Founded by Pasadena Entrepreneur Bill Gross, Funded in Part by Bill Gates, Clean Energy Company Heliogen Chalks Up Scientific Achievement

Published : Wednesday, November 20, 2019 | 6:15 PM

A Pasadena-based clean energy company called Heliogen, founded by a prominent Pasadena entrepreneur and funded in part by Bill Gates, said it has – for the first time commercially – concentrated solar energy to exceed temperatures greater than 1,000 degrees Celsius.

At that temperature, the technology can replace the use of fossil fuels in critical industrial processes, including the production of cement, steel, and petrochemicals. The system could also dramatically reduce greenhouse gas emissions from these activities.

The singular scientific achievement was accomplished at Heliogen’s commercial facility in Lancaster, the company announced Tuesday.

The statement also marked the Pasadena-based company’s public launch.

Heliogen’s founder and CEO is Bill Gross, a lifelong entrepreneur and founder of Idealab, another Pasadena startup. The Heliogen team includes scientists and engineers from Caltech, MIT, and other leading institutions.

“The world has a limited window to dramatically reduce greenhouse gas emissions,” Gross said. “We’ve made great strides in deploying clean energy in our electricity system. But electricity accounts for less than a quarter of global energy demand. Heliogen represents a technological leap forward in addressing the other 75 percent of energy demand: the use of fossil fuels for industrial processes and transportation. With low-cost, ultra-high temperature process heat, we have an opportunity to make meaningful contributions to solving the climate crisis.”

Heliogen says its mission is to create the world’s first technology that can commercially replace fossil fuels with carbon-free, ultra-high temperature heat from the sun and to transform sunlight into fuels at scale – taking a major step towards solving climate change.

The company’s recent heat technology achievement is a key technical breakthrough for concentrated solar thermal. Previous commercial systems have been designed to reach temperatures of up to only 565 degrees Celsius, which may be useful for power generation, but insufficient for many industrial processes.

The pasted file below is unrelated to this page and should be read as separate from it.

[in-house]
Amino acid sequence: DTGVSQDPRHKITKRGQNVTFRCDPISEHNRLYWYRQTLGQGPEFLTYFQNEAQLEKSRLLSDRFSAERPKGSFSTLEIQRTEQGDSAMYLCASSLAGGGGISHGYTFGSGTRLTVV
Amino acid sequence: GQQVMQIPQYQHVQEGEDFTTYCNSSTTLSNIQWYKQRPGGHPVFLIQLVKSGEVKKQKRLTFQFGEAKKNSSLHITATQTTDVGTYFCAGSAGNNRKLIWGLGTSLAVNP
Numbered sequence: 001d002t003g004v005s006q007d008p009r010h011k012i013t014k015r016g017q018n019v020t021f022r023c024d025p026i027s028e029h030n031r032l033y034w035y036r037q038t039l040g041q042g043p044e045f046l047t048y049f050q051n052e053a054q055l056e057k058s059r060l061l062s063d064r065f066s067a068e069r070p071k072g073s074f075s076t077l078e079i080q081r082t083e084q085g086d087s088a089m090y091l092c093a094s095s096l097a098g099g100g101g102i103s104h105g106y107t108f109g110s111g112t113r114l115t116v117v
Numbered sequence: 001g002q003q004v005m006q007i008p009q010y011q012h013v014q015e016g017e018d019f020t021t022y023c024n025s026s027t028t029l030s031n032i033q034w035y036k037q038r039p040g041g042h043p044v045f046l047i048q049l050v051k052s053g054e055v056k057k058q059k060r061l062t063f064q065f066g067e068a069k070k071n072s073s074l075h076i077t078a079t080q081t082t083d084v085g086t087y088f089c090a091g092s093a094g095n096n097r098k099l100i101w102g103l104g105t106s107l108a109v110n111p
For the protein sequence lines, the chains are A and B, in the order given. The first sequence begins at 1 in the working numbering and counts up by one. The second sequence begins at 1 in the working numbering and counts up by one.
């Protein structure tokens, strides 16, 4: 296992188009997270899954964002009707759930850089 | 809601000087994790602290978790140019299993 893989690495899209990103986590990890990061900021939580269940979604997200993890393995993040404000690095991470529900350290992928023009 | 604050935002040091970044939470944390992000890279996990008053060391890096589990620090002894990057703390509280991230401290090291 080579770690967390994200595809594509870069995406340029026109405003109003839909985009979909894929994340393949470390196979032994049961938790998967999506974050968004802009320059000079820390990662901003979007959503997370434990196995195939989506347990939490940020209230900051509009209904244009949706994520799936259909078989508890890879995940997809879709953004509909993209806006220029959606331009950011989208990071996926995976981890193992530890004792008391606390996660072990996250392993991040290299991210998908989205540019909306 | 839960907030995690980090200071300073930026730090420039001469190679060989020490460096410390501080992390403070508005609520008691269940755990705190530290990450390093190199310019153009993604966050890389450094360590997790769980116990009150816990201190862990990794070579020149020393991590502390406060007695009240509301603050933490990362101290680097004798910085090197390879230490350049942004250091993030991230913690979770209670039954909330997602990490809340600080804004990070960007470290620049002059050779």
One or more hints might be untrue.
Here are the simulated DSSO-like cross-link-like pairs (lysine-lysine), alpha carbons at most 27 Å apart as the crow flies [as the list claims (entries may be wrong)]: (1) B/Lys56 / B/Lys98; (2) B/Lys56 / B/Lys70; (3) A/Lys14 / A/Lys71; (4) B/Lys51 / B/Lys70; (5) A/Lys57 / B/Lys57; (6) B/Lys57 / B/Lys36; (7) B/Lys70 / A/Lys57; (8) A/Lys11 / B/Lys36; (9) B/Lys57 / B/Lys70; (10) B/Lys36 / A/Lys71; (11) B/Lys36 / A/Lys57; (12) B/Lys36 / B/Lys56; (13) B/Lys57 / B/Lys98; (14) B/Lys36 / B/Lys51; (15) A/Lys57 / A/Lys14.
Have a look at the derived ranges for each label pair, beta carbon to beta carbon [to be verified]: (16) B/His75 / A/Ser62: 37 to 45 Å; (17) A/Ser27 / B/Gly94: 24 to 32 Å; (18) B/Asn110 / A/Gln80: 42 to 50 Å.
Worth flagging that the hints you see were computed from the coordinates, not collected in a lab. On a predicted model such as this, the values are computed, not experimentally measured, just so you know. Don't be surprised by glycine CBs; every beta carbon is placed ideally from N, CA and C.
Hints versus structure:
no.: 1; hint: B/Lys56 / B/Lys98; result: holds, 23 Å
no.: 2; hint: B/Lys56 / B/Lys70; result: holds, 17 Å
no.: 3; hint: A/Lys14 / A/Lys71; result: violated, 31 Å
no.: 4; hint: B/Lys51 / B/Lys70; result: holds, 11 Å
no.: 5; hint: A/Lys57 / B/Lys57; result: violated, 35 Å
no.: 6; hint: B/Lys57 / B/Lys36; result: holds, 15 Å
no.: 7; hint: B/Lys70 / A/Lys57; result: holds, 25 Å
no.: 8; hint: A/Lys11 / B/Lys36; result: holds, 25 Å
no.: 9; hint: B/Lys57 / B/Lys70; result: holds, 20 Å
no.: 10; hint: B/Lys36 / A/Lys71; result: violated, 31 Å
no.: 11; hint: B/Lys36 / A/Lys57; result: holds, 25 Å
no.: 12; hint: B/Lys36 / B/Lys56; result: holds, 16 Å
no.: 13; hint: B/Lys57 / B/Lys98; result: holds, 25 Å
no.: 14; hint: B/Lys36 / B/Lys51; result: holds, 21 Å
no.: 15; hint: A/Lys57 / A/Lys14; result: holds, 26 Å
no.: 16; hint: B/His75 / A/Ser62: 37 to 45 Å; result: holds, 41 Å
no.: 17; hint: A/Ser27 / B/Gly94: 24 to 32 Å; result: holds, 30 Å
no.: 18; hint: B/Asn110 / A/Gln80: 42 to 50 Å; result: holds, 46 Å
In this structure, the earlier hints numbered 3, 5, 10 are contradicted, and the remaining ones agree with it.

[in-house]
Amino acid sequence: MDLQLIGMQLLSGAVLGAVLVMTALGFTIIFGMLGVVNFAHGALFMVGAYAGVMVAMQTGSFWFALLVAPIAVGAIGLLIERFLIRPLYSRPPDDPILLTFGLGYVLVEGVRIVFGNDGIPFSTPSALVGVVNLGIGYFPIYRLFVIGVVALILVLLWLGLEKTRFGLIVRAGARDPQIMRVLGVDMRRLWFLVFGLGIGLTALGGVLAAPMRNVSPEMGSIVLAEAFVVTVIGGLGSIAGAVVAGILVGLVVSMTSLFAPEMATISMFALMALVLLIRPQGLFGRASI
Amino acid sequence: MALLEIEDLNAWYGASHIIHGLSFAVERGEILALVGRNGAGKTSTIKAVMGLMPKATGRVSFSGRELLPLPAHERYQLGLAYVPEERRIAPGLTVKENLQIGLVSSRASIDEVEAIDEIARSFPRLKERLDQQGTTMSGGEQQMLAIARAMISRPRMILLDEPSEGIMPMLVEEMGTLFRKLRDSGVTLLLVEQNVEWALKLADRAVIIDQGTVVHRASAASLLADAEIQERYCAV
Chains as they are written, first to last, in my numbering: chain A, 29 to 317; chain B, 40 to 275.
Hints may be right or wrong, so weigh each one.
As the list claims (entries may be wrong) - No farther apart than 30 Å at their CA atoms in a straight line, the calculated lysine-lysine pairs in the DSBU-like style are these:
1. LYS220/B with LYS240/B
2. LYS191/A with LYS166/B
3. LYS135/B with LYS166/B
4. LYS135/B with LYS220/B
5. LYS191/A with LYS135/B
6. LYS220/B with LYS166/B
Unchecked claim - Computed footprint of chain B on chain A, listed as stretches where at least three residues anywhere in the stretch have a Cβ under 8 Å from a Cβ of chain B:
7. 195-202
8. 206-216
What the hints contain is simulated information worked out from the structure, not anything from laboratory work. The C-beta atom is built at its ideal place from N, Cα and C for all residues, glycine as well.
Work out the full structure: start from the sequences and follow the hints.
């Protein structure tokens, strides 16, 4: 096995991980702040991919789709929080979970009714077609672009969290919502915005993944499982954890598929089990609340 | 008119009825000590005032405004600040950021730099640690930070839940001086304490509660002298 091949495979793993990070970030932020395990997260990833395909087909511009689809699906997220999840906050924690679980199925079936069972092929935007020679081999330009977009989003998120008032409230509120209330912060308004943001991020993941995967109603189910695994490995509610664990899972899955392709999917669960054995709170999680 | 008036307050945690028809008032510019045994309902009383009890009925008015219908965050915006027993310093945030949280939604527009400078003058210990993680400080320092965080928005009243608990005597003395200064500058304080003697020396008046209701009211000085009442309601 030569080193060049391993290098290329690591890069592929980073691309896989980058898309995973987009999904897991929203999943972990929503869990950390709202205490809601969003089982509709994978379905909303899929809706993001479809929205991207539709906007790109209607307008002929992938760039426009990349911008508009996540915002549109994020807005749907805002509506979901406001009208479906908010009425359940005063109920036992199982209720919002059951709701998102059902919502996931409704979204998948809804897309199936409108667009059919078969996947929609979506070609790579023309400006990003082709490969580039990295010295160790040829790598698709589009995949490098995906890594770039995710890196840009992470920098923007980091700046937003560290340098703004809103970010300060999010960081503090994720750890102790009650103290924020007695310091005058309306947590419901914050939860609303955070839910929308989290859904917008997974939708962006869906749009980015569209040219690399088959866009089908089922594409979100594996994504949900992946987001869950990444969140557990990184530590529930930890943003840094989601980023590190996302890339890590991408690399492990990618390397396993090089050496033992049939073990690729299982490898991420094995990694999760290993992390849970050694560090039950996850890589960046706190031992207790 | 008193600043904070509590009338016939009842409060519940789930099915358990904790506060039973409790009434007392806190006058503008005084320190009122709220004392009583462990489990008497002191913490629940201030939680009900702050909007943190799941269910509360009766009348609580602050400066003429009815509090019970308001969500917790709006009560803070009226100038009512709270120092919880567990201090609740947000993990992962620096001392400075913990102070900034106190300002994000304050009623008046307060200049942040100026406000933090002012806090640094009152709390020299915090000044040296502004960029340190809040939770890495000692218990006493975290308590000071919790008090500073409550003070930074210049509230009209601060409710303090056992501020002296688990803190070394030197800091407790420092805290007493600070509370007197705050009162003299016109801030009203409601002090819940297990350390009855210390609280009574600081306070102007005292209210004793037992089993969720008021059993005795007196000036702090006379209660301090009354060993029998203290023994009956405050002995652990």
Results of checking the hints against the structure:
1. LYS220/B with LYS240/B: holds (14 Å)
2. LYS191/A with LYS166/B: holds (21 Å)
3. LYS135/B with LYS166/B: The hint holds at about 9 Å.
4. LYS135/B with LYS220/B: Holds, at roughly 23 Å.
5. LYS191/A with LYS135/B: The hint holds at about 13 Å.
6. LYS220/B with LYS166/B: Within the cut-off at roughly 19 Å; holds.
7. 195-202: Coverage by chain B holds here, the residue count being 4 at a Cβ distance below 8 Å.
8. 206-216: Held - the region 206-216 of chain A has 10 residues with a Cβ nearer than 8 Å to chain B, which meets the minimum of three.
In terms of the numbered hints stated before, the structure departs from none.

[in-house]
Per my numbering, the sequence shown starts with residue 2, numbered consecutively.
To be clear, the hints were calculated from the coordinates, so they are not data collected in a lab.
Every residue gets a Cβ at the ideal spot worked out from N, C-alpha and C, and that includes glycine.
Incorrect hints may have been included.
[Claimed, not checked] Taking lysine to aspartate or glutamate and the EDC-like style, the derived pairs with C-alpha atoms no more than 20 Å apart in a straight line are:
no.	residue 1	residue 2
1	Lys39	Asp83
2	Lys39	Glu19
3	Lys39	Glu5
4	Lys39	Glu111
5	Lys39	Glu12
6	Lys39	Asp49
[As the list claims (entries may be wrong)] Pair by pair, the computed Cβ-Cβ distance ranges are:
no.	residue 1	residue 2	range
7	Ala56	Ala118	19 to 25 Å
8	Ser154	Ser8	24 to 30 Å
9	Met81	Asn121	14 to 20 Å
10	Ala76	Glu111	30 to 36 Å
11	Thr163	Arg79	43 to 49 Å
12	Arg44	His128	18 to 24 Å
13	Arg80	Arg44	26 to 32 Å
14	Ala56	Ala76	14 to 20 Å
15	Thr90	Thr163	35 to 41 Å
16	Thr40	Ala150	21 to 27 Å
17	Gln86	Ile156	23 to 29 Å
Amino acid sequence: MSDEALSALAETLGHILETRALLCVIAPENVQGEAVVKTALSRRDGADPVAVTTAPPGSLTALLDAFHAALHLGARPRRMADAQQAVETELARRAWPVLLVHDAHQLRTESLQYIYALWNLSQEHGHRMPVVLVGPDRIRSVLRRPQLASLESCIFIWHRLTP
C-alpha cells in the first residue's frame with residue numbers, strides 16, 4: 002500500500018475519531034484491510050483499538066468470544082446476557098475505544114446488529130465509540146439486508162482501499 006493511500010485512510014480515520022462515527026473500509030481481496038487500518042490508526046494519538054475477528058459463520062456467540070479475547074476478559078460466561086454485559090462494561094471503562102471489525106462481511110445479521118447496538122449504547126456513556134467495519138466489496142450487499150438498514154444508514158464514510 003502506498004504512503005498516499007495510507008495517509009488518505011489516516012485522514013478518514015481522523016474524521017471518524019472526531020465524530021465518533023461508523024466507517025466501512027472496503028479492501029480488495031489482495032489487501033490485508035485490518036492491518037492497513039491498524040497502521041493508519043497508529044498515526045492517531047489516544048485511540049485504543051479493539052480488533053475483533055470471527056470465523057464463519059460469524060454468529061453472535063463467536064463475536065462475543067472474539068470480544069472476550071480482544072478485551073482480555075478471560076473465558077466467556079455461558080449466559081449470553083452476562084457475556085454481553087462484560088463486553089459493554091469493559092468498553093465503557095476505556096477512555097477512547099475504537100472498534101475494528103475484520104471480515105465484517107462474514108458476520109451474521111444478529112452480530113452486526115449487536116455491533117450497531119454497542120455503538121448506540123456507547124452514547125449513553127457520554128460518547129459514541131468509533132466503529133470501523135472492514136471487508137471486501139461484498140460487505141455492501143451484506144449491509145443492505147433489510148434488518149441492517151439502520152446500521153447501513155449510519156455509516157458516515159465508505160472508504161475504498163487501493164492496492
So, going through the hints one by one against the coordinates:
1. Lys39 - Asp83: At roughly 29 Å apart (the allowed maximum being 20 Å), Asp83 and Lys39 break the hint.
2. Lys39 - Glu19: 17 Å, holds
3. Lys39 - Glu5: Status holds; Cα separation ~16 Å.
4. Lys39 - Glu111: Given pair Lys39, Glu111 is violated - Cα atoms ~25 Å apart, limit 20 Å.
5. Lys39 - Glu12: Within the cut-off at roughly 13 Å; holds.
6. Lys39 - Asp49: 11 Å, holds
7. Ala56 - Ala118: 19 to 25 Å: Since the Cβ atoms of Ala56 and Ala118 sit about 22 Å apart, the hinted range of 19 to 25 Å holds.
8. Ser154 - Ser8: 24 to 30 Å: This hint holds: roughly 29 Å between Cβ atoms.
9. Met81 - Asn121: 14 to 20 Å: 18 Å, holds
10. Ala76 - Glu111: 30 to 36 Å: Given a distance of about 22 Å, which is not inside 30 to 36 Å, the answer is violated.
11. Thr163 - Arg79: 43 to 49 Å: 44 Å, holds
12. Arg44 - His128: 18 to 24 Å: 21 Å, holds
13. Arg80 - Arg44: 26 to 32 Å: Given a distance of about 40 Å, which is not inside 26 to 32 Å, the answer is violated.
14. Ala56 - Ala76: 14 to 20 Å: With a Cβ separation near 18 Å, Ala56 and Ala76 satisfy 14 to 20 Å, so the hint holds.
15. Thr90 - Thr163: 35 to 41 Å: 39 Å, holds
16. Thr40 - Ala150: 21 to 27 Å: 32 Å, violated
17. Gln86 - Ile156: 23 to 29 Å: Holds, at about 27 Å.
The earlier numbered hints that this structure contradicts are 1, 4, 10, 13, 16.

Heliogen said its patented technology will have massive impact. With temperatures from its concentrating solar thermal technology exceeding 1,000 degrees Celsius, Heliogen will be able to replace the fuel for industrial processes with solar energy for the first time, significantly reducing carbon emissions.

As an example, the company said cement production alone accounts for more than seven percent of global CO2 emissions.

“Today, industrial processes like those used to make cement, steel, and other materials are responsible for more than a fifth of all emissions,” Bill Gates said. “If we’re going to get to zero-carbon emissions overall, we have a lot of inventing to do. I’m pleased to have been an early backer of Bill Gross’s novel solar concentration technology. Its capacity to achieve the high temperatures required for these processes is a promising development in the quest to one day replace fossil fuel.”

Heliogen added its technology roadmap could eventually lead to temperatures up to 1,500 degrees Celsius. At that temperature, in addition to industrial process heat, Heliogen can perform CO2-splitting and water-splitting to make 100 percent fossil-free fuels such as hydrogen or syngas.

Heliogen’s technology uses advanced computer vision software to hyper-accurately align a large array of mirrors to reflect sunlight to a single target.

Heliogen is working with another Pasadena-based organization, Parsons, which leads globally in the defense, intelligence, and critical infrastructure markets.

“As a company, we deliver sustainable solutions to our customers and we look forward to bringing Heliogen’s breakthrough technology to scale with our industry partners,” Michael Chung, Parsons Vice President of Energy Solutions, said.

Other investors in Heliogen include venture capital firm Neotribe and Dr. Patrick Soon-Shiong, a Los Angeles-based investor and entrepreneur, through his investment firm, Nant Capital.

Dr. Soon-Shiong and Neotribe’s founder and managing director Swaroop ‘Kittu’ Kolluri are now on Heliogen’s board of directors, the statement said.

For more information about Heliogen, visit

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